Alder Burns
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    Location: northern California
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    I would think fat would be quite easy to can, since it's quite possible to heat it well over 240 before putting it into the containers. The danger might be breaking the jars with the hot grease....so one would need to heat up the jars also. Then pressure-can for as long as you want.....I think the guidelines for fish call for something just shy of two hours....
    The second safety factor is that botulism toxin is itself destroyed by heat, so if you're using the grease for frying or baking or any kind of cooking, then there's an additional security....
     
    Nicole Castle
    Posts: 151
    Location: Madison, AL
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    Lee Morgan wrote:Is lard that you buy by the block at the grocery store processed a specific way? What is the shelf life of that (which is just wrapped in a piece of parchment)?


    If it is unprocessed lard, it *should* be in the refrigerator section at least. I usually see it in the freezer section here, but sometimes it is in the meat case.

    Fully hydrogenated lard is shelf stable for some time: months, even up to a year. Sometimes the stuff in the store is fully hydrogenated, but sometimes it's only partially hydrogenated. Don't get the partial stuff, that's really bad for you. The jury is still out on fully hydrogenated. Store lard is also bleached and a few other chemical things done to it to make it smell less piggy. At that point it is basically Crisco, but from a pig. Again, it's not something you can do at home.

    IMO, it's an completely inferior product to home rendered lard, but it's popular and useful in places without reliable refrigeration.
     
    Lynn Jacobs
    Posts: 40
    Location: At home with my soulmate <3 Living in a hot dry place.
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    Justin Hitt wrote:I use lard or crisco for baking -- while bacon fat does make good biscuits.
    <shudder> The only reason I still have Crisco around is because I had one of the huge containers purchased at Costco years ago, and the only thing it gets used for nowadays is to grease my pans when needed. If you want a healthy substitute for baking, use coconut oil or you can also get palm oil shortening.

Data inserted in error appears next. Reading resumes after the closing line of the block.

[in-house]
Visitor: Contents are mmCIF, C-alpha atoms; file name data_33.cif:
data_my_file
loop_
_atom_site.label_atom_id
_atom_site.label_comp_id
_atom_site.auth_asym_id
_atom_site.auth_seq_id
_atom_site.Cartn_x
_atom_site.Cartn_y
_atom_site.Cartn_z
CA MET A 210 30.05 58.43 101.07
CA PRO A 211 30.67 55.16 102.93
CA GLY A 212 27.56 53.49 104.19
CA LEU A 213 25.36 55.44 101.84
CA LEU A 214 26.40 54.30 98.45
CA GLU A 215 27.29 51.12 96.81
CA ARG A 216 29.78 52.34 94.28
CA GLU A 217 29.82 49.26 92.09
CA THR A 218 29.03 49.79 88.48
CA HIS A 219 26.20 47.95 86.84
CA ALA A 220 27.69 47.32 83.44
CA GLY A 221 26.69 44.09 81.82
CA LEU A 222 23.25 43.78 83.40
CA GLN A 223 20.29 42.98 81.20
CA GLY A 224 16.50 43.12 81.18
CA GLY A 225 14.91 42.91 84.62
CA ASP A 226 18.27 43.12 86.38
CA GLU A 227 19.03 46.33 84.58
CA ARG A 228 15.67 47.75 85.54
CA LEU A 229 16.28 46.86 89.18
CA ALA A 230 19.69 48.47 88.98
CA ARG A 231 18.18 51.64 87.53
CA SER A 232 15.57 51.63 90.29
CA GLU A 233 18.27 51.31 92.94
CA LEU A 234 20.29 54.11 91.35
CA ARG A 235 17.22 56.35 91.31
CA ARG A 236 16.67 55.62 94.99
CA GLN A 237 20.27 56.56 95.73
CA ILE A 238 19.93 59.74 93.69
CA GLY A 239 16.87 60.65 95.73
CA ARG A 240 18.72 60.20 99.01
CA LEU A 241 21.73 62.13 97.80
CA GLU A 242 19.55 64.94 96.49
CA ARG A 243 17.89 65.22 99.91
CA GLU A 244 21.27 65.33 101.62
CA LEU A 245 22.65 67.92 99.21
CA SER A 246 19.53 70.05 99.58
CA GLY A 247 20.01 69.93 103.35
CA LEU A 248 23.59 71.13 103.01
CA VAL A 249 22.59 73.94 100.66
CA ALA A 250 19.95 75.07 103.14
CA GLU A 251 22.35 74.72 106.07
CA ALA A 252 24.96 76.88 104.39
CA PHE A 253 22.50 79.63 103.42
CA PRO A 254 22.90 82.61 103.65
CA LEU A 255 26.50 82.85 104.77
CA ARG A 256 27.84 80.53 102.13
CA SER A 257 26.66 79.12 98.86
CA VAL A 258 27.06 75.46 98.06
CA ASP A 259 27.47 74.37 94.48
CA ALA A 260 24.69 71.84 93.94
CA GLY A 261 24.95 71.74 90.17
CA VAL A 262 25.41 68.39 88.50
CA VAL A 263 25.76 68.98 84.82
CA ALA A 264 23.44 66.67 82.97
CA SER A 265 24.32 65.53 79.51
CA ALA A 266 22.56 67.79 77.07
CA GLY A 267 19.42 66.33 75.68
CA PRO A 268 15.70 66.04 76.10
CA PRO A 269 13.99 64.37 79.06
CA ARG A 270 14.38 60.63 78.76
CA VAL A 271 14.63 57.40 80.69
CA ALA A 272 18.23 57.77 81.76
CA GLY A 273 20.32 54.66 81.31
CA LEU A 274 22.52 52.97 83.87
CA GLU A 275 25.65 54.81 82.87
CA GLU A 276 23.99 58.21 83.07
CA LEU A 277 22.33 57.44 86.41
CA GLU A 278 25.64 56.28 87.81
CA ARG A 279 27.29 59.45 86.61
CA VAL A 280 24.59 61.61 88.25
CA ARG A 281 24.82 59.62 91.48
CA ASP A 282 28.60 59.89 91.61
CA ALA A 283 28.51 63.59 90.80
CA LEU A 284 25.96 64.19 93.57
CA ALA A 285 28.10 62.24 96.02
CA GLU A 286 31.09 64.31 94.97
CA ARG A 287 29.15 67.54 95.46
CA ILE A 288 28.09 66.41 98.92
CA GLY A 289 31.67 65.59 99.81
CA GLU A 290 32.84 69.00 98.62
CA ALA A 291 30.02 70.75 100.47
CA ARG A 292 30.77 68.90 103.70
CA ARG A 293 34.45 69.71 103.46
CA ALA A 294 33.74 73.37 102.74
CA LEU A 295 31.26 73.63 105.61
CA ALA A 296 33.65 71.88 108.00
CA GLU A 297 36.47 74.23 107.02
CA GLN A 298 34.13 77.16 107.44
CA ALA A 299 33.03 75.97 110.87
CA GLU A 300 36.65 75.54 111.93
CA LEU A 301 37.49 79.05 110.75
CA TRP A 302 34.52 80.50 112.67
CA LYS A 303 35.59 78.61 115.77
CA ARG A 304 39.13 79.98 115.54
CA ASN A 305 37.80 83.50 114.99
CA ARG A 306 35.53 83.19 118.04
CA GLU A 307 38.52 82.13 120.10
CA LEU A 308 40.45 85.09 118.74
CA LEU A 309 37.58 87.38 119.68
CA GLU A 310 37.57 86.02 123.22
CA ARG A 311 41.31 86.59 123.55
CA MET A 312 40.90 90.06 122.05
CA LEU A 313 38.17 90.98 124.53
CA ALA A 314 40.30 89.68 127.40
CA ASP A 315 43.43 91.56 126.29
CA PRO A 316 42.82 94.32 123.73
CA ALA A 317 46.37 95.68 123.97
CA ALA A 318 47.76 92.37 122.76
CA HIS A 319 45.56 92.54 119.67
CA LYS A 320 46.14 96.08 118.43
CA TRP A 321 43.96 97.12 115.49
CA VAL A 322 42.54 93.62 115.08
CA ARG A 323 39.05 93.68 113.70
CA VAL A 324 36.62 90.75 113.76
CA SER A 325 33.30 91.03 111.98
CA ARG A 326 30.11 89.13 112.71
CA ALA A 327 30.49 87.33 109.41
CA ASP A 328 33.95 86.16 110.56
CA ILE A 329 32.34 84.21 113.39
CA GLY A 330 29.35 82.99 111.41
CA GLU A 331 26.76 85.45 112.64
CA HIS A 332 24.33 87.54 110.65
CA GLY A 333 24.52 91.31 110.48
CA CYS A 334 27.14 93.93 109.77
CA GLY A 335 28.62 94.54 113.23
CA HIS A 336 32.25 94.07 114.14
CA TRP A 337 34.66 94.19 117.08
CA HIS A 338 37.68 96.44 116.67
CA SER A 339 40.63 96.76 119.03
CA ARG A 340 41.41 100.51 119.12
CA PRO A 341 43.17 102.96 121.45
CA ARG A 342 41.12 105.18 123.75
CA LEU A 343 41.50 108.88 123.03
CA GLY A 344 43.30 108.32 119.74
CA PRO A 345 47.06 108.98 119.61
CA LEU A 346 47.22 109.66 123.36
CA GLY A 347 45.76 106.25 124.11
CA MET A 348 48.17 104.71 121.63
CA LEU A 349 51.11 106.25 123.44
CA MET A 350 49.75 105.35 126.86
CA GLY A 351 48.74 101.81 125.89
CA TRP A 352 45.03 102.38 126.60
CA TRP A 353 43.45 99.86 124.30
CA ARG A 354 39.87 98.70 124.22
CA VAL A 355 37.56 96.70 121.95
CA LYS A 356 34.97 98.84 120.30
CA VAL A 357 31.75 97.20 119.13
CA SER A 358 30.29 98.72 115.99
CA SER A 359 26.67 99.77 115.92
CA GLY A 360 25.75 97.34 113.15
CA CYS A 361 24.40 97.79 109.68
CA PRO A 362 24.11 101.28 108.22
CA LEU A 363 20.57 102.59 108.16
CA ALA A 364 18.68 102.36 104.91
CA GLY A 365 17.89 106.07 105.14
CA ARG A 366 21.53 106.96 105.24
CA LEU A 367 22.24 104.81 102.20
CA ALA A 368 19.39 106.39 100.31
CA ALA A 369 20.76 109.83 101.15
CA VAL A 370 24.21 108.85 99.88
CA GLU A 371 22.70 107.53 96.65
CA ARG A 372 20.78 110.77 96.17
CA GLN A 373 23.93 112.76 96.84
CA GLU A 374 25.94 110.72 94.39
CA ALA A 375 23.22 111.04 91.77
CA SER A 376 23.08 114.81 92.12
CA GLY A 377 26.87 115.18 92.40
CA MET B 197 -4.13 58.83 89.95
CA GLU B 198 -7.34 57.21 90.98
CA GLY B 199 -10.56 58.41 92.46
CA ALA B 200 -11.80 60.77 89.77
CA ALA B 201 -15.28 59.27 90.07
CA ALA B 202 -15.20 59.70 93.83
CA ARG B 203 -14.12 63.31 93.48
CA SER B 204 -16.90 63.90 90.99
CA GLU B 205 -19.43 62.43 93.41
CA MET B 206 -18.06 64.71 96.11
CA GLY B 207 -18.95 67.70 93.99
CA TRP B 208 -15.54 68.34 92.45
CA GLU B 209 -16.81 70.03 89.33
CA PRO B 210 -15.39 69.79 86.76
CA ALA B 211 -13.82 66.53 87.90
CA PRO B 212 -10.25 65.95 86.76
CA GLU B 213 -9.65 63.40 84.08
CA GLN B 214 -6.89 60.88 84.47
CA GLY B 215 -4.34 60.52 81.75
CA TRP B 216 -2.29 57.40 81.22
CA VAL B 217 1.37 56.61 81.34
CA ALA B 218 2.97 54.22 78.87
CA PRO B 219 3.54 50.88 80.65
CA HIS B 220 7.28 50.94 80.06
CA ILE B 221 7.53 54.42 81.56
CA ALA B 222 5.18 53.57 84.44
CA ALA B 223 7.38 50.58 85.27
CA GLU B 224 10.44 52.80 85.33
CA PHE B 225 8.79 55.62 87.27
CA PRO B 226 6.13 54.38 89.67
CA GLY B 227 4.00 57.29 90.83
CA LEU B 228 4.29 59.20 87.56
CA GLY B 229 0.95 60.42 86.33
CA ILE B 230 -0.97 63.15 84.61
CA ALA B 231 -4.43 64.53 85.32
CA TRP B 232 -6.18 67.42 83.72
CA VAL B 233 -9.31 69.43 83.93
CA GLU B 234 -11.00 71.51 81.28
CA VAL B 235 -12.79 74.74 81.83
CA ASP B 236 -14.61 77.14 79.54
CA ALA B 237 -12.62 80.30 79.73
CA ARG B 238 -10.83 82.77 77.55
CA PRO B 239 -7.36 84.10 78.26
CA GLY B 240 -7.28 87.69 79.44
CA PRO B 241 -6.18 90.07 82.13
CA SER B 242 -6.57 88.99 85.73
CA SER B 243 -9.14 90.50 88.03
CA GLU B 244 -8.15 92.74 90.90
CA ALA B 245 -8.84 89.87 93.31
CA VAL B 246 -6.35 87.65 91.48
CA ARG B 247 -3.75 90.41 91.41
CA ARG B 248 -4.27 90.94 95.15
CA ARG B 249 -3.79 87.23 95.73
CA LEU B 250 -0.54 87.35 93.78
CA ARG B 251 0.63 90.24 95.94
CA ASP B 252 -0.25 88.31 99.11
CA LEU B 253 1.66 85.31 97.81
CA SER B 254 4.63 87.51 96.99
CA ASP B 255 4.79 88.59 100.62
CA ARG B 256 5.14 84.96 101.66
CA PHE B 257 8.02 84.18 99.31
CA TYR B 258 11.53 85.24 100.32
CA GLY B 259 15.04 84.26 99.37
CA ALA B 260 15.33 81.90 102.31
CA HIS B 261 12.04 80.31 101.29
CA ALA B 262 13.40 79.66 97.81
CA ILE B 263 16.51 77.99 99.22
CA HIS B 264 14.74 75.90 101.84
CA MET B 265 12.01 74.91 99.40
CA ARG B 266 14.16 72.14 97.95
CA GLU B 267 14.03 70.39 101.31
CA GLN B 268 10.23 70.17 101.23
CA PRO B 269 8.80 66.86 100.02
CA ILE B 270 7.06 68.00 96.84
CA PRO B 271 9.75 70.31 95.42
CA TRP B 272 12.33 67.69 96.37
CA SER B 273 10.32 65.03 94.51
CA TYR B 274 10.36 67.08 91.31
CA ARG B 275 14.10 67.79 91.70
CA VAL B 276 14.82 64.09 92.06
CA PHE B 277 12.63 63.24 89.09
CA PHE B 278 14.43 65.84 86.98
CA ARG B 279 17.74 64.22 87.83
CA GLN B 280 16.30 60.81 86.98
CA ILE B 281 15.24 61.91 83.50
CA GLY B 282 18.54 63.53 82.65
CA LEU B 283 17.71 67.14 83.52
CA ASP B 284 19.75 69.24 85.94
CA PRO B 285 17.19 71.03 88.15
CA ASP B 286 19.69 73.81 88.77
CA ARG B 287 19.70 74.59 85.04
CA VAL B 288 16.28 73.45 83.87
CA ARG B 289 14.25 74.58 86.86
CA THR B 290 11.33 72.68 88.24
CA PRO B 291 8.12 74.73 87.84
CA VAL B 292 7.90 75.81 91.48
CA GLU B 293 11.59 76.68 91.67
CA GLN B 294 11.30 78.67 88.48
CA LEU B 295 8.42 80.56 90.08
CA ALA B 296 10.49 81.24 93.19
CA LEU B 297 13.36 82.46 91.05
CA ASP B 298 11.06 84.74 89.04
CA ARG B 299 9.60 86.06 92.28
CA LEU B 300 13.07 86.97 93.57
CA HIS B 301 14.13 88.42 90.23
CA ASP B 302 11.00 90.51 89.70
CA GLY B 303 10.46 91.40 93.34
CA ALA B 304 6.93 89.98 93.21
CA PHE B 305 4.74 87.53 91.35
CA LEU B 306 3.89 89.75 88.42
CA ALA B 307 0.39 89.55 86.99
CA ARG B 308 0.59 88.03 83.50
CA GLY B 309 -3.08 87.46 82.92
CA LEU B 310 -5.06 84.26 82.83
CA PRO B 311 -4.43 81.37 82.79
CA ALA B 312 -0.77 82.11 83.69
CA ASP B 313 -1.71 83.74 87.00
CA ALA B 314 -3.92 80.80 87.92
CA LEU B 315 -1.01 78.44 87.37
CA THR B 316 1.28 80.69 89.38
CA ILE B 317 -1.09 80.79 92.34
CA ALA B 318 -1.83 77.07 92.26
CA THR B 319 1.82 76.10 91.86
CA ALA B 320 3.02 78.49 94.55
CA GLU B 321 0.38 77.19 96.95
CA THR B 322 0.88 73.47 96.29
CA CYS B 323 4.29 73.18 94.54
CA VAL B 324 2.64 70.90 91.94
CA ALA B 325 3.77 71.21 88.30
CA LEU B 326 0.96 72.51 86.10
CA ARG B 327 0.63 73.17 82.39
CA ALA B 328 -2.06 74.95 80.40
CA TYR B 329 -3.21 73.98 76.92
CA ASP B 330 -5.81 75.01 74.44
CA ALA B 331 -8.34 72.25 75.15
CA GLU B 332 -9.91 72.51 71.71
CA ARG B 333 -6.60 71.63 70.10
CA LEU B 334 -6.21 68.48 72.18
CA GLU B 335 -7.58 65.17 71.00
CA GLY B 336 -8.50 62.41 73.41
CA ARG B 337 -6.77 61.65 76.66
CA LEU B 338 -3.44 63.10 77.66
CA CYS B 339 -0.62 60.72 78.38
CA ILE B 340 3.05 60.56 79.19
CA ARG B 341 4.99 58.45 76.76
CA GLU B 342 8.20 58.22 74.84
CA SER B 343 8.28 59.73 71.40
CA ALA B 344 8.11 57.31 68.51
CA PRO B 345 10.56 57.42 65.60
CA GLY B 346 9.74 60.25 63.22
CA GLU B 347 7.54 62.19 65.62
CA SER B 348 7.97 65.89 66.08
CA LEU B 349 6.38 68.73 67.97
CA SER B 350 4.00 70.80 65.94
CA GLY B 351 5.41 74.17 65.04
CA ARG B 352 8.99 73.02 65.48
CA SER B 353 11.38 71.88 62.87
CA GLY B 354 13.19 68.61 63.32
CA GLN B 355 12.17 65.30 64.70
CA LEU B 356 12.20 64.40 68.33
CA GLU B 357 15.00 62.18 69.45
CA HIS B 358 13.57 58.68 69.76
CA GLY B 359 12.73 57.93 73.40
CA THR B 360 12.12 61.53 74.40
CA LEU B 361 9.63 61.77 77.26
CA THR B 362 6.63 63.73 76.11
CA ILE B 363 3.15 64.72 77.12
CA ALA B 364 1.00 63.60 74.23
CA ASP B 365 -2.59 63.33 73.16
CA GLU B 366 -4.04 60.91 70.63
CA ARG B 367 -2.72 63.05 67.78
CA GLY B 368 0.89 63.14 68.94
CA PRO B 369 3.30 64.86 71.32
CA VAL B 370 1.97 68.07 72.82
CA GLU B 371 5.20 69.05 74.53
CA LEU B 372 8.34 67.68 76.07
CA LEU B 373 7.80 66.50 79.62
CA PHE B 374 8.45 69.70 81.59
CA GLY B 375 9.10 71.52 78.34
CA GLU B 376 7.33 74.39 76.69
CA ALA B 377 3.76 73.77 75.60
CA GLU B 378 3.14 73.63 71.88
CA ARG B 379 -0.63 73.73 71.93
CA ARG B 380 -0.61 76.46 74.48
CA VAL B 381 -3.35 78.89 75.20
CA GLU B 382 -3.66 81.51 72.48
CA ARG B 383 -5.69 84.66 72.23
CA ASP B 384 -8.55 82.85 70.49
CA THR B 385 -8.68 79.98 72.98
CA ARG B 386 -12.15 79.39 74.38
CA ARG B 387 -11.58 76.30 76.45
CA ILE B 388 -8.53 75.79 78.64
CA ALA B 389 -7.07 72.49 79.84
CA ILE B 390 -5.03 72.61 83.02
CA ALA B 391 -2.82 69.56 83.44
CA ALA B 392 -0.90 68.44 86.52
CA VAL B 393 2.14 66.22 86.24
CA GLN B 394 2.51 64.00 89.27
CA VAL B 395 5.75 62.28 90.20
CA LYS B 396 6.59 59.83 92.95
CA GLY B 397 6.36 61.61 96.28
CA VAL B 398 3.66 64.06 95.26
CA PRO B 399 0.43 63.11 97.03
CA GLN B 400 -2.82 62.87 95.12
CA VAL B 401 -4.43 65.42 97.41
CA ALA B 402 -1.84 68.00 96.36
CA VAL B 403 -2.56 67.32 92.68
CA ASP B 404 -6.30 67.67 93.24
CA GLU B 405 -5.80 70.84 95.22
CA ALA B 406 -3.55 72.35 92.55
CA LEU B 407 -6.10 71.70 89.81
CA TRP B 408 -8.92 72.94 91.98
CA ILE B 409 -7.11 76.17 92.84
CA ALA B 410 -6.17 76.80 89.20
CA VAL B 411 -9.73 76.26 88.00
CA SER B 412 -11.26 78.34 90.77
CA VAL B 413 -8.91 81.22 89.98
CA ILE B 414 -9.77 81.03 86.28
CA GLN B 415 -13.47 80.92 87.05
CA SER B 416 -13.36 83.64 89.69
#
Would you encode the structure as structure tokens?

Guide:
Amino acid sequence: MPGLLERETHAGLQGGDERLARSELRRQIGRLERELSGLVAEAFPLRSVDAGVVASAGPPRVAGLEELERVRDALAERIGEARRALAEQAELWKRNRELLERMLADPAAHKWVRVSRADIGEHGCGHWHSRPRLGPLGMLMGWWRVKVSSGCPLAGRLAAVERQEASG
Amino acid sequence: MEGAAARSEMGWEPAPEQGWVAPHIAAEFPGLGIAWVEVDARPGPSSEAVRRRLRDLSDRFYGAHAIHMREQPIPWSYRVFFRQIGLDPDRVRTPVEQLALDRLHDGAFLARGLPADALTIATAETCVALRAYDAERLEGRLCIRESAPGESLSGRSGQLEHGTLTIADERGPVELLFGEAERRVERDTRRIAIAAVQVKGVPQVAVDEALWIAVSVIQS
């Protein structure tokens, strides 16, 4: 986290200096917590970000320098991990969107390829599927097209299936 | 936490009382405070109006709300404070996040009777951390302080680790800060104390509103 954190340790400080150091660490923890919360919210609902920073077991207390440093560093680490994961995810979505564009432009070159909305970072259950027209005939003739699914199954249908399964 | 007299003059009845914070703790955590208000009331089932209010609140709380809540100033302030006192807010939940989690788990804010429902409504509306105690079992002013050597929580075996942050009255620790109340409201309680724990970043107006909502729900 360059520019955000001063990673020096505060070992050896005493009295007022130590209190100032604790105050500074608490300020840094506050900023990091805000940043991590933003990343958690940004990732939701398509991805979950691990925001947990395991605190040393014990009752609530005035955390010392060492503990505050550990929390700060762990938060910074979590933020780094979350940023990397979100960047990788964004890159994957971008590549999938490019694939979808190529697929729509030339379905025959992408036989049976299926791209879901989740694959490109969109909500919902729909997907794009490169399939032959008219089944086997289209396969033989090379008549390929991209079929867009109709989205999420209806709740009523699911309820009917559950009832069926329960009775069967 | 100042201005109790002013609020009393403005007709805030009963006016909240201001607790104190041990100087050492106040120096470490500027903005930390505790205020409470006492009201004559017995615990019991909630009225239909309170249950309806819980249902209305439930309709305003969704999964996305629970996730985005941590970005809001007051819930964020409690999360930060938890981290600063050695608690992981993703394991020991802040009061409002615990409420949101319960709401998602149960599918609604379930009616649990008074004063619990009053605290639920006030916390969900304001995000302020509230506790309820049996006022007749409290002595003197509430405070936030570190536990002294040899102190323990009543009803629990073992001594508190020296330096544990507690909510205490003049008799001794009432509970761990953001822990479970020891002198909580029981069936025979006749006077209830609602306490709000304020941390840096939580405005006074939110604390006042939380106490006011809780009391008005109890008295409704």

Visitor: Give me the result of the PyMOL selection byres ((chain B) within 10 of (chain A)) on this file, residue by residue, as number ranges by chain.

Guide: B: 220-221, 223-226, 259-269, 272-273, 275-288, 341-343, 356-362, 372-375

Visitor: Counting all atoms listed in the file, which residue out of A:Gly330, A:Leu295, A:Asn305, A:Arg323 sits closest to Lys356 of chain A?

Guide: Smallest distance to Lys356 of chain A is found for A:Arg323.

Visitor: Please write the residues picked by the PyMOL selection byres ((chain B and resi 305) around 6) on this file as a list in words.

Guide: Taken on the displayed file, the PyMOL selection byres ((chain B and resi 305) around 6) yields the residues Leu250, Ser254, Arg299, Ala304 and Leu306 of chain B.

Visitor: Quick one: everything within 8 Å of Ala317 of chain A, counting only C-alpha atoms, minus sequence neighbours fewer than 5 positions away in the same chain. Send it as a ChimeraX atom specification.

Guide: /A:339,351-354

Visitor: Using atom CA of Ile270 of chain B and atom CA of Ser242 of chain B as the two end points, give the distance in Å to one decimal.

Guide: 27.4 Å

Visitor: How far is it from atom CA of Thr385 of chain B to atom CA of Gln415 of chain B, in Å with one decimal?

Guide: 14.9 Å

Justin Hitt
    Posts: 35
    Location: Martinsville, VA (Zone 7)
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    Mrs. EdJacobs wrote:use coconut oil or you can also get palm oil shortening.


    Thanks for the tip. Will coconut oil or palm work for greasing pans? I try not to use the crisco for biscuits anymore, instead saving up other fats or using real butter. Have never tried coconut oil or palm oil shortening -- but will give it a go if it is a one-to-one substitution.

    Best,

    Justin
     
    Lynn Jacobs
    Posts: 40
    Location: At home with my soulmate <3 Living in a hot dry place.
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    Yup, either of those will work as a one-to-one substitute in recipes, as well as greasing pans. I just use the Crisco for that menial job b/c I have it

    Oh, and the best prices I have found for coconut oil, as well as many other oils, is Soaper's Choice. Yes, the company mainly sells for soap making and other skincare things, but most of their oils are food-grade as well. I have a friend who researched coconut oil specifically, and it is the same oil as the more expensive sites. One of my new favorite oils for cooking/frying is red palm oil. So yummy! Especially for making garlic bread